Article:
16 July 2019

The mother we share

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In the student accomodation at the University of Liverpool, you can pull a kind of sliding Ikea cabinet door over the window to block out the light. On the ceiling, there is what seems to be a pull-cord alarm marked 'Anxiety Alarm' without a cord. In the course of the conference, it came out that this was true of all the rooms, none of the anxiety alarms had cords. What sort of metaphor is this, I thought: they've installed an alarm, but it can't be used. When my Garmin Vivosmart+ buzzed me awake on the second day, I felt disoriented the way you do in a new place, inside this cabinet. I sweated all night because the window didn't open more than an inch, presumably so if you felt anxiety, you didn't jump. I took a piss and pulled on my trainers, and set out on a run towards Everton, where I had looked online and found a long park to run through with some stretch of road that seemed like you could go down without thinking.

The house my parents sold early this week is the house I grew up in, but that's a bit of a misnomer. I didn't grow up in any single place — we moved around a lot, I say, although that's only true in a small, un-American way. We moved a normal amount; this was the house I was a teenager in and where I went home for all of my twenties and twice now, in my thirties. The house was, by any standard, huge, much bigger than my family ever really needed. I stayed in the finished loft and had it full of guitars, and for most of high school treated like a museum to myself. I saved anything that meant anything: pictures, ticket stubs, receipts, the strings from the acoustic guitar that I had used when my band recorded our EP. I had all of my books from university for most of my twenties, but then when we were back the last time, I gave them all away in a fit of minimalism, even my Faulkner books which I regret now, though I would never read them if I had them. My grandmother died in one of the rooms. And then all the memories you can't say to anyone, the ones that you keep to yourself. I think now, if Jesus hadn't spoken to me there, if he hadn't called me to Japan that summer, what had.

After my legs warmed up and I came to the top of the hill at the park, I saw the Mersey and the port down below and suddenly I could see slave ships coming and going like a kind of tracing paper over the horizon. The past stacking up on itself. I ran past a Victorian building that had been boarded up, and in the blue light, everything was haunted. Then at the conference dinner, when I got away from the crowd for a moment and looked out, I had the same sense — who had fallen here, had been killed or beaten. How much blood was in the water, diluted after a hundred years or more now of everything circulating in and out.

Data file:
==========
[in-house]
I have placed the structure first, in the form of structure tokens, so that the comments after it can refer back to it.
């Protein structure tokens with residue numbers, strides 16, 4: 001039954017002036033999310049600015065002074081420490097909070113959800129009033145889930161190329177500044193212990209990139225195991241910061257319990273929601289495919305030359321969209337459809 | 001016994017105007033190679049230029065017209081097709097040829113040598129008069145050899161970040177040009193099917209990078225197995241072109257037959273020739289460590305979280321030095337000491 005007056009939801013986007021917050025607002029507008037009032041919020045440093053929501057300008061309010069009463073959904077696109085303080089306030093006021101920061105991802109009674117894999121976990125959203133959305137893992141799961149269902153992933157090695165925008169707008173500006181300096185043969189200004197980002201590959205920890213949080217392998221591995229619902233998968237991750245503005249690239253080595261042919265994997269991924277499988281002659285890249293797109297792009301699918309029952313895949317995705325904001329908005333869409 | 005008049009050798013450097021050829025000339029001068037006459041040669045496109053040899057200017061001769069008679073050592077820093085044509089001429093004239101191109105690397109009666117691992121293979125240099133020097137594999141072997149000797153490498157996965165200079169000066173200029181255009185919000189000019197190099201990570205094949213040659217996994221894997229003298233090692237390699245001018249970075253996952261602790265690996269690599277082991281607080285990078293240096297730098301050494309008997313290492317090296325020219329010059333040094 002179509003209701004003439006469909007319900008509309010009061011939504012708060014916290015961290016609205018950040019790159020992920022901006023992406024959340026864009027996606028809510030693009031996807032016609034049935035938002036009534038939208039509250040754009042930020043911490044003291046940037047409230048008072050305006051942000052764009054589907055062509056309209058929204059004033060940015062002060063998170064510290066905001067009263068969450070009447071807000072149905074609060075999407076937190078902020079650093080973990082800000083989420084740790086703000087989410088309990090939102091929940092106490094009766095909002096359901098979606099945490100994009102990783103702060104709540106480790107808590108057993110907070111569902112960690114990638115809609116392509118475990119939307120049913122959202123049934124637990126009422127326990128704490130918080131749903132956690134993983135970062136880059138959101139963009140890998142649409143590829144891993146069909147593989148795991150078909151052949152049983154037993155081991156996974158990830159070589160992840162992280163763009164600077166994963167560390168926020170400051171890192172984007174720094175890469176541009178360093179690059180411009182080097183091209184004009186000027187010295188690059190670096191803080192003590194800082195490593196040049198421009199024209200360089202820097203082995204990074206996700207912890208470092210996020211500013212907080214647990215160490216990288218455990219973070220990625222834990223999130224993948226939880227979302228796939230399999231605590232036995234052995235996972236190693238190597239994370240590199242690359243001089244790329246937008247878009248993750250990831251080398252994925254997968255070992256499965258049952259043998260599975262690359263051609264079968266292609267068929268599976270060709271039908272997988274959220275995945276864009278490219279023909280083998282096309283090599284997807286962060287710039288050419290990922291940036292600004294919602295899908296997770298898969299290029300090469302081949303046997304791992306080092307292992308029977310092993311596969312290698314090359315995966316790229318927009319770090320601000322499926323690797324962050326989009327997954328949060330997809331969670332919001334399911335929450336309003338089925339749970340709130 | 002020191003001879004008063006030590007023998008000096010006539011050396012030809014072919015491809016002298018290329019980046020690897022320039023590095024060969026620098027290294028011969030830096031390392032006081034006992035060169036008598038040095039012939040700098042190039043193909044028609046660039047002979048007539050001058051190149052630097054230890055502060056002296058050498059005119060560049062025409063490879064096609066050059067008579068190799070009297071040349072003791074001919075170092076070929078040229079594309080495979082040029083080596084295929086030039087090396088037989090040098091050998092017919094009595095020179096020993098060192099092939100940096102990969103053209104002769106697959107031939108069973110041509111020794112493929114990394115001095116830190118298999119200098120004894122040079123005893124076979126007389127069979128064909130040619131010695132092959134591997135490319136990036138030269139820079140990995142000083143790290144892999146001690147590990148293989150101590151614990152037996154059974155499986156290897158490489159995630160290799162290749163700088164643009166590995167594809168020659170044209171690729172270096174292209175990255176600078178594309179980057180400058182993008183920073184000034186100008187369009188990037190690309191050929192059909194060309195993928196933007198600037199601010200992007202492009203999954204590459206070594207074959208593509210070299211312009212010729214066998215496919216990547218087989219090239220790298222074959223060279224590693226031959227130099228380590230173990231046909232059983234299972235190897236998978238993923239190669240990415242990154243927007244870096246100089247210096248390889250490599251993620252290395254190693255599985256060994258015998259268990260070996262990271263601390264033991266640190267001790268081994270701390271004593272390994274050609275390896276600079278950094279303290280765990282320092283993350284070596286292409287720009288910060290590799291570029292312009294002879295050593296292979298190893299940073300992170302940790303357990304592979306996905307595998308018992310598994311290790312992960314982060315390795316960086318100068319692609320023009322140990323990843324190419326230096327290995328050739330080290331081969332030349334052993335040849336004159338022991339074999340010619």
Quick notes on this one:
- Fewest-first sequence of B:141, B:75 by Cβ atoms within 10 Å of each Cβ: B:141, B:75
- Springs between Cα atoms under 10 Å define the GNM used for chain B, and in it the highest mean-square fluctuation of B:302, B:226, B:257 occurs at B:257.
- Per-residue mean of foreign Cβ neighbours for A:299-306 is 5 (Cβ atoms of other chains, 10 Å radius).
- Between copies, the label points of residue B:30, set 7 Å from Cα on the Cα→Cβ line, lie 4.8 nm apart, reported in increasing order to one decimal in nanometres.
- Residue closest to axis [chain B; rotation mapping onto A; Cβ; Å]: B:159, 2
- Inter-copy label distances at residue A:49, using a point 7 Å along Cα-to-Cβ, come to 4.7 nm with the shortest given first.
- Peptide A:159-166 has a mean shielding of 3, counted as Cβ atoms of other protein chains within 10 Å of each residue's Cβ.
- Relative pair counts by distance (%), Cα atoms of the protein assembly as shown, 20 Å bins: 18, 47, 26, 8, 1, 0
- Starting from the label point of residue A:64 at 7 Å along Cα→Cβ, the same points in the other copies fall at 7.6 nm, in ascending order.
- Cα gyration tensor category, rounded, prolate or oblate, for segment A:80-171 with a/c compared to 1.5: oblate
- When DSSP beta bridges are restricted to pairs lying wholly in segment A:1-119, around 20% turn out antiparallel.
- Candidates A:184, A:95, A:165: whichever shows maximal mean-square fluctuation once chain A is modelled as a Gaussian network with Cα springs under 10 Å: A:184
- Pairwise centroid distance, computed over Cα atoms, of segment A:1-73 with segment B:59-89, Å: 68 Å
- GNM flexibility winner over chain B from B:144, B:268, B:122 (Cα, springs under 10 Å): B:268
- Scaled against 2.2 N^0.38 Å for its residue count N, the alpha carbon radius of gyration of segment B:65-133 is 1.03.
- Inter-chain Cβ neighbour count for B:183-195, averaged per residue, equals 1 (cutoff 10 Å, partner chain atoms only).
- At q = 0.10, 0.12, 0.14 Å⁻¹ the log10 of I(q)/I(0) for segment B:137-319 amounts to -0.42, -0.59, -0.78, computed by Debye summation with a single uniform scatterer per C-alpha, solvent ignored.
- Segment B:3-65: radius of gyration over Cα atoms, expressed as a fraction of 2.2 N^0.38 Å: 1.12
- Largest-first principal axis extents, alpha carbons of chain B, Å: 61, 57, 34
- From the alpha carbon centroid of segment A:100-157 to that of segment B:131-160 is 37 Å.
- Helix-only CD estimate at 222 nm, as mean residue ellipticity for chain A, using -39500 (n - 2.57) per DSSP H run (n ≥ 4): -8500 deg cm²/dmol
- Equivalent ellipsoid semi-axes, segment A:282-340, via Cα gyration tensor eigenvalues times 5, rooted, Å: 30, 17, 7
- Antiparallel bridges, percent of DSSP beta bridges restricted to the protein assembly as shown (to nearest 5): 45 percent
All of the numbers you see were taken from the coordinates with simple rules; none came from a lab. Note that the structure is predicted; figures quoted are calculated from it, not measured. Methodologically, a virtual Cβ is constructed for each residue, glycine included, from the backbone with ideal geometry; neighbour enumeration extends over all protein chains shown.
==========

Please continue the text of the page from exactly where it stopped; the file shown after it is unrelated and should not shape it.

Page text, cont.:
It's a silly thought. Why this violence, why this memory. I was on the phone with a friend on Friday night, ecstatic to share some vague positive news. I had ordered an insufferable pizza without cheese — I clarified to the man several times I didn't want any cheese and he had to clarify it several more times to the man further back in the shop making it. I went outside and was talking and pacing and almost stumbled over what I thought was a pile of rubbish, but turned out to be a homeless man bent over and barely conscious. But this is not an emergency in Brexit Britain, not even something to note. You just think, I best not get involved, and walk away, because these tragedies are on every corner and what am I: I'm one person and I pay my taxes and this is what they, the British wanted, isn't it, and can feel marginally better about myself.

The metaphors continued: there wasn't enough vegan food and then too much. The girls are collecting toys to give to a girl they know about who's become homeless. I got back to the house on Victoria Road on Sunday and it was cool and empty — some of the children were gone, although I forget where and which ones. You eat sandwiches for eight days from conference tables and you feel disoriented and bloated. I'm not sure what to eat anymore. Am I high fat, or am I no longer thinking about calories — have I stopped making the protein cookies or do I need to start them up again. I drank more than I normally would in all that haunted darkness, but it was vegan wine and vegan ale. Local, of course, that ale. Ethically sourced. I eat an apple and sit at the dining table, waiting for the girls to start to wake up and thinking that I should meditate.
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